2 Unwanted Boeing 747s Will Become the New Air Force Ones

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Last December, President-elect Donald Trump suggested that the projected $4 billion-plus cost of the next-generation Air Force One planes was too expensive. In a somewhat cryptic tweet, he mused about canceling the order. (In fact, there was no firm order to cancel at that point -- just some preliminary plans.)

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In any case, Boeing (NYSE: BA) has found a way to reduce the cost of building new presidential transport planes. Instead of building new planes from scratch for the Air Force, Boeing will modify two 747-8s that it has already built, equipping them for the presidential transport mission.

It's expensive to build a new Air Force One

The Air Force One mission is currently served by two aging VC-25s, which entered service in 1990 and 1991, respectively. The VC-25 is a modified version of a Boeing 747-200.

There was never much doubt that the Air Force would turn to the Boeing 747 again for its next-generation presidential transport planes. The 747-8 is the only U.S. built-plane that can meet all of the requirements for the presidential transport mission.

For example, Air Force One needs to be big enough to accommodate the president, the traveling press corps, Secret Service members, and any guests, while leaving space for a bedroom, office, conference room, and even a medical suite. It also needs to be outfitted with sophisticated communications equipment, missile defenses, and aerial refueling capabilities.

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All of these features drive up the price. That's why it will inevitably cost billions of dollars to build a pair of state-of-the-art Air Force One replacements.

Transaero abandoned its 747s

One area where the Air Force can save money is in buying the basic airframe. It just so happens that Boeing already has "white-tail" 747-8s: planes that have been built but don't have a customer lined up.

Some of these white-tails are the result of Transaero's 2015 bankruptcy. Transaero was for many years the largest privately owned airline in Russia and the main competitor to Aeroflot. However, the ruble plunged, and Russia fell into a deep recession in 2015 due to the impact of falling oil prices and sanctions related to Russia's annexation of the Crimea.

This financial crisis left Transaero in deep financial distress. Aeroflot contemplated rescuing its smaller rival -- for a nominal price of one ruble -- but pulled out at the last minute. This led to Transaero's collapse. The carrier's last flights operated in October 2015.

Transaero left behind a substantial order book for widebody aircraft, including slow-selling jumbo jets like the 747-8. In fact, Boeing still lists orders for three 747-8s from Transaero, even though the carrier has been defunct for nearly two years. Unfortunately, two of those 747-8s were built before Transaero's shutdown, and Boeing wasn't able to find another airline to buy them.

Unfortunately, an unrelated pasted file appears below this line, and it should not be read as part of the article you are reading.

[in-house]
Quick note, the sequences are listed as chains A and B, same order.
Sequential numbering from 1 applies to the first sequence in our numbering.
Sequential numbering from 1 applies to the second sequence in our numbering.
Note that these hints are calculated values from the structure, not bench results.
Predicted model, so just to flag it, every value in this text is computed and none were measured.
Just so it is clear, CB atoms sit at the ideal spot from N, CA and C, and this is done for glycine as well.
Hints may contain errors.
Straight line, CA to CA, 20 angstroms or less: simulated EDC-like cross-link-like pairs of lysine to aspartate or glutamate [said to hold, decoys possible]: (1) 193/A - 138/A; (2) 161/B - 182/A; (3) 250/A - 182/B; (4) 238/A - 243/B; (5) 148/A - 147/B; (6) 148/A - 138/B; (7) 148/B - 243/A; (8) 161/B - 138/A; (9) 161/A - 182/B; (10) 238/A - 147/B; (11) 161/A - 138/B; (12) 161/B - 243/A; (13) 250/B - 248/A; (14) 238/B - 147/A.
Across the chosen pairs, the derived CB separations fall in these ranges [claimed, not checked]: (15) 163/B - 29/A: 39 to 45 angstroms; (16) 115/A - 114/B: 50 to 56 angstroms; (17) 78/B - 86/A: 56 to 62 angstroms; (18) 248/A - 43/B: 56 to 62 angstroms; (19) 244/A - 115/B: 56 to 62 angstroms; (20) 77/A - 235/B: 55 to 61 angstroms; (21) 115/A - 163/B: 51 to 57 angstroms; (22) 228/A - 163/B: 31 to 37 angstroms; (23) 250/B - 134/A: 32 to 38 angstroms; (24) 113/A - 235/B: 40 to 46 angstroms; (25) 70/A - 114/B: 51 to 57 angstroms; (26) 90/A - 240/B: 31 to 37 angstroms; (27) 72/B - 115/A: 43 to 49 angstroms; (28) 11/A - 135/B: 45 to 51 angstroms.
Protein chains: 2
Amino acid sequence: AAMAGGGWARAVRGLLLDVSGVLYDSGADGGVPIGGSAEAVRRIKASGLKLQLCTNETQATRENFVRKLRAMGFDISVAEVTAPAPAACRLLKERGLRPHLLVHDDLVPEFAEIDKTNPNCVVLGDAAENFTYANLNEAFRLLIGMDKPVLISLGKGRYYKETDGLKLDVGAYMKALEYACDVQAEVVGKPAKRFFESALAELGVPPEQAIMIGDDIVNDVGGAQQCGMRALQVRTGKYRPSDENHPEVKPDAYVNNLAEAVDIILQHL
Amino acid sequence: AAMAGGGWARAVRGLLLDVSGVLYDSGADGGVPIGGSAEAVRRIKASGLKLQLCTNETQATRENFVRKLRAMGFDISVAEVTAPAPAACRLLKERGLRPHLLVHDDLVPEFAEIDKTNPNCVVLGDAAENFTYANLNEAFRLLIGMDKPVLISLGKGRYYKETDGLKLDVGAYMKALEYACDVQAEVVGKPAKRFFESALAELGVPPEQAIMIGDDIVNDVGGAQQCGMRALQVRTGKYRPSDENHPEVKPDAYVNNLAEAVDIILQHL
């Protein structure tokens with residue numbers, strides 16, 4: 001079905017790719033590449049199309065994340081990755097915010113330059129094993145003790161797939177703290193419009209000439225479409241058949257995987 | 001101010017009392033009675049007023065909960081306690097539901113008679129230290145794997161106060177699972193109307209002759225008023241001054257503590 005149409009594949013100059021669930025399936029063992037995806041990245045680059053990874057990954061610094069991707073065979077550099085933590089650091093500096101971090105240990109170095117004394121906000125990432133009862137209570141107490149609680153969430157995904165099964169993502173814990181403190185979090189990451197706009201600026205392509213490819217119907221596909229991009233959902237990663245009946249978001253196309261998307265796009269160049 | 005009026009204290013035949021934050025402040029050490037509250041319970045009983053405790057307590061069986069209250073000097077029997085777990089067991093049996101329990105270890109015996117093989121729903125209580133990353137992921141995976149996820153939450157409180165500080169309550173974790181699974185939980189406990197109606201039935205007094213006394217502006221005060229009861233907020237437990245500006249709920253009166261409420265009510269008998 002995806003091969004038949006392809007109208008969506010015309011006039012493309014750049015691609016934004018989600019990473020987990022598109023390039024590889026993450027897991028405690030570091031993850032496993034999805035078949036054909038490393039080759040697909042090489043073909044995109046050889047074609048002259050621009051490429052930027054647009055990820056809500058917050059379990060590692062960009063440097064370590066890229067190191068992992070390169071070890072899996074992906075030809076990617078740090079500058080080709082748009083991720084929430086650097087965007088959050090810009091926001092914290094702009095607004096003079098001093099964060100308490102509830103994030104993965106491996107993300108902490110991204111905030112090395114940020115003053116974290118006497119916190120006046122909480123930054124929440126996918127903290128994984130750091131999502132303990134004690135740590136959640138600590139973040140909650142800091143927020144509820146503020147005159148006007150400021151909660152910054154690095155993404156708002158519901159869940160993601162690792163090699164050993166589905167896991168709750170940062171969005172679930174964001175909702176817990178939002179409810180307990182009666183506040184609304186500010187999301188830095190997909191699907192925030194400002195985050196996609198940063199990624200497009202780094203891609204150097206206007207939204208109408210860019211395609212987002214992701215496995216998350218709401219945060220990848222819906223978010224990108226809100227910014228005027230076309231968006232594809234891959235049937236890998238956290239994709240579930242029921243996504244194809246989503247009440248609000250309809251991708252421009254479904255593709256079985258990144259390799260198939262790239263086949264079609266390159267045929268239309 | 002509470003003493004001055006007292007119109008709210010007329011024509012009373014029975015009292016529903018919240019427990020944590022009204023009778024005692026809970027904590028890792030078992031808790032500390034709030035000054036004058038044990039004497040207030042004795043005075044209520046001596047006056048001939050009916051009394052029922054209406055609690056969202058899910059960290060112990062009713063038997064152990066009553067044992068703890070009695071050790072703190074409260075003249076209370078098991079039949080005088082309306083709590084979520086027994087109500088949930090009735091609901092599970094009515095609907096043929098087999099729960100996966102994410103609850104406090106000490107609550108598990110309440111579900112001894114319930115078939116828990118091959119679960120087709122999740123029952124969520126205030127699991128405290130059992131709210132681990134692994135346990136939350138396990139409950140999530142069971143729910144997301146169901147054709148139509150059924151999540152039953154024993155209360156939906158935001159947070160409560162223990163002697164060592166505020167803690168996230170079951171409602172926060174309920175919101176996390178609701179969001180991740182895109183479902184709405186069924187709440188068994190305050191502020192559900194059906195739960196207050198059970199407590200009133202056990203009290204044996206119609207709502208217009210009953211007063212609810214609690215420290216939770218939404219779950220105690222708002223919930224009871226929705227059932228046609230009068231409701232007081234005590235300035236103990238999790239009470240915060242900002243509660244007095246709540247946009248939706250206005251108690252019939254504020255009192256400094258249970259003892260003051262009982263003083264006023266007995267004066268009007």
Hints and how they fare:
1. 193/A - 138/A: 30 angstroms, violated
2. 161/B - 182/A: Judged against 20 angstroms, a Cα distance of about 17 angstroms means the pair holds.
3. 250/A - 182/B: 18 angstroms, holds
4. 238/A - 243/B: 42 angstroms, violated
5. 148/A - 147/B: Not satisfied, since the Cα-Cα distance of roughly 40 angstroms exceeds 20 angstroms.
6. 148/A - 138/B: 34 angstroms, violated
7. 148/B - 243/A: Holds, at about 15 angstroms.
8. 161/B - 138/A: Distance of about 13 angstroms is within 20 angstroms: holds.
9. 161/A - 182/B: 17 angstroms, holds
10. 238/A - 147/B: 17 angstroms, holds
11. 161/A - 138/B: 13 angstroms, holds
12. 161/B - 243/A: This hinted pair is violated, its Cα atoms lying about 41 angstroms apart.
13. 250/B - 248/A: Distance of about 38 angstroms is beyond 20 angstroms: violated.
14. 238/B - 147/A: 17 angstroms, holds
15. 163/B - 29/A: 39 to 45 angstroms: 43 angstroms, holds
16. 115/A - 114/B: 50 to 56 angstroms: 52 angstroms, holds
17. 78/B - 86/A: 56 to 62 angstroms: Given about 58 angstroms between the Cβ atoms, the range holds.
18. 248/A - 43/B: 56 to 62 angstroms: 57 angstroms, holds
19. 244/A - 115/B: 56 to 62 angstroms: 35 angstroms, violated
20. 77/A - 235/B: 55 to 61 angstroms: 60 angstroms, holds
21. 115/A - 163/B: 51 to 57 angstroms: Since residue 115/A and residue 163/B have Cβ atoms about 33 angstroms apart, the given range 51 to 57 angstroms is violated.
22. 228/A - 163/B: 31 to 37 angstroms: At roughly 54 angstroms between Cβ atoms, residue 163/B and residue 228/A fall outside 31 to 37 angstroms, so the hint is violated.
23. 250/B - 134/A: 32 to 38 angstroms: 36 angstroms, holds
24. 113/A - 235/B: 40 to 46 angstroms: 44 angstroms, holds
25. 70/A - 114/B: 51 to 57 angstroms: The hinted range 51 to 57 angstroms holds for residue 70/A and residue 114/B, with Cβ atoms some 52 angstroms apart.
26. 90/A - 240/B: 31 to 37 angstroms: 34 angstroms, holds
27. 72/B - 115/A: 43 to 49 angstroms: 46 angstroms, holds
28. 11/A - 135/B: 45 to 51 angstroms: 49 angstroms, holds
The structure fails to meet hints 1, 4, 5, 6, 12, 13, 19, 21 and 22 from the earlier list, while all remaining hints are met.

The Air Force has now decided to scoop up those two white-tail planes at a steep discount. Over the next five years or so, they will be retrofitted with all of the special equipment necessary to serve as Air Force One.

A good move, but the cost savings will be modest

Using white-tail aircraft for the new Air Force One fleet will be good for both Boeing and taxpayers. Boeing has been desperate to unload these unwanted planes, so any deal to sell them is a positive step. Meanwhile, the government probably got a great deal for taking the white-tail airframes, similarly to how retailers often offer steep discounts for floor-model merchandise.

On the other hand, it's important to recognize that the airframes represent a small piece of the total cost of creating the new Air Force One fleet. The list price of a 747-8 is $386.8 million, but discounts of 50% to 60% are normal for commercial airplanes. For an out-of-favor model like the 747-8, the discounts could be even greater.

Thus, the Air Force probably could have negotiated to buy new 747-8s for $150 million each. Even if it got a 75% discount for taking the white-tail Transaero 747-8s, the savings would be just over $100 million. (Boeing required the government to keep the exact sale price private.)

That is a meaningful amount of money, but still relatively small compared to the multibillion-dollar price tag President Trump had complained about. This just highlights how much of the cost of Air Force One relates to its special bells and whistles rather than the airframe itself.

The only way to significantly reduce Air Force One's cost would be to remove a lot of its advanced technology. Clearly, that's an unacceptable trade-off for an aircraft designed to carry the president of the United States.

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Adam Levine-Weinberg has no position in any stocks mentioned. The Motley Fool has no position in any of the stocks mentioned. The Motley Fool has a disclosure policy.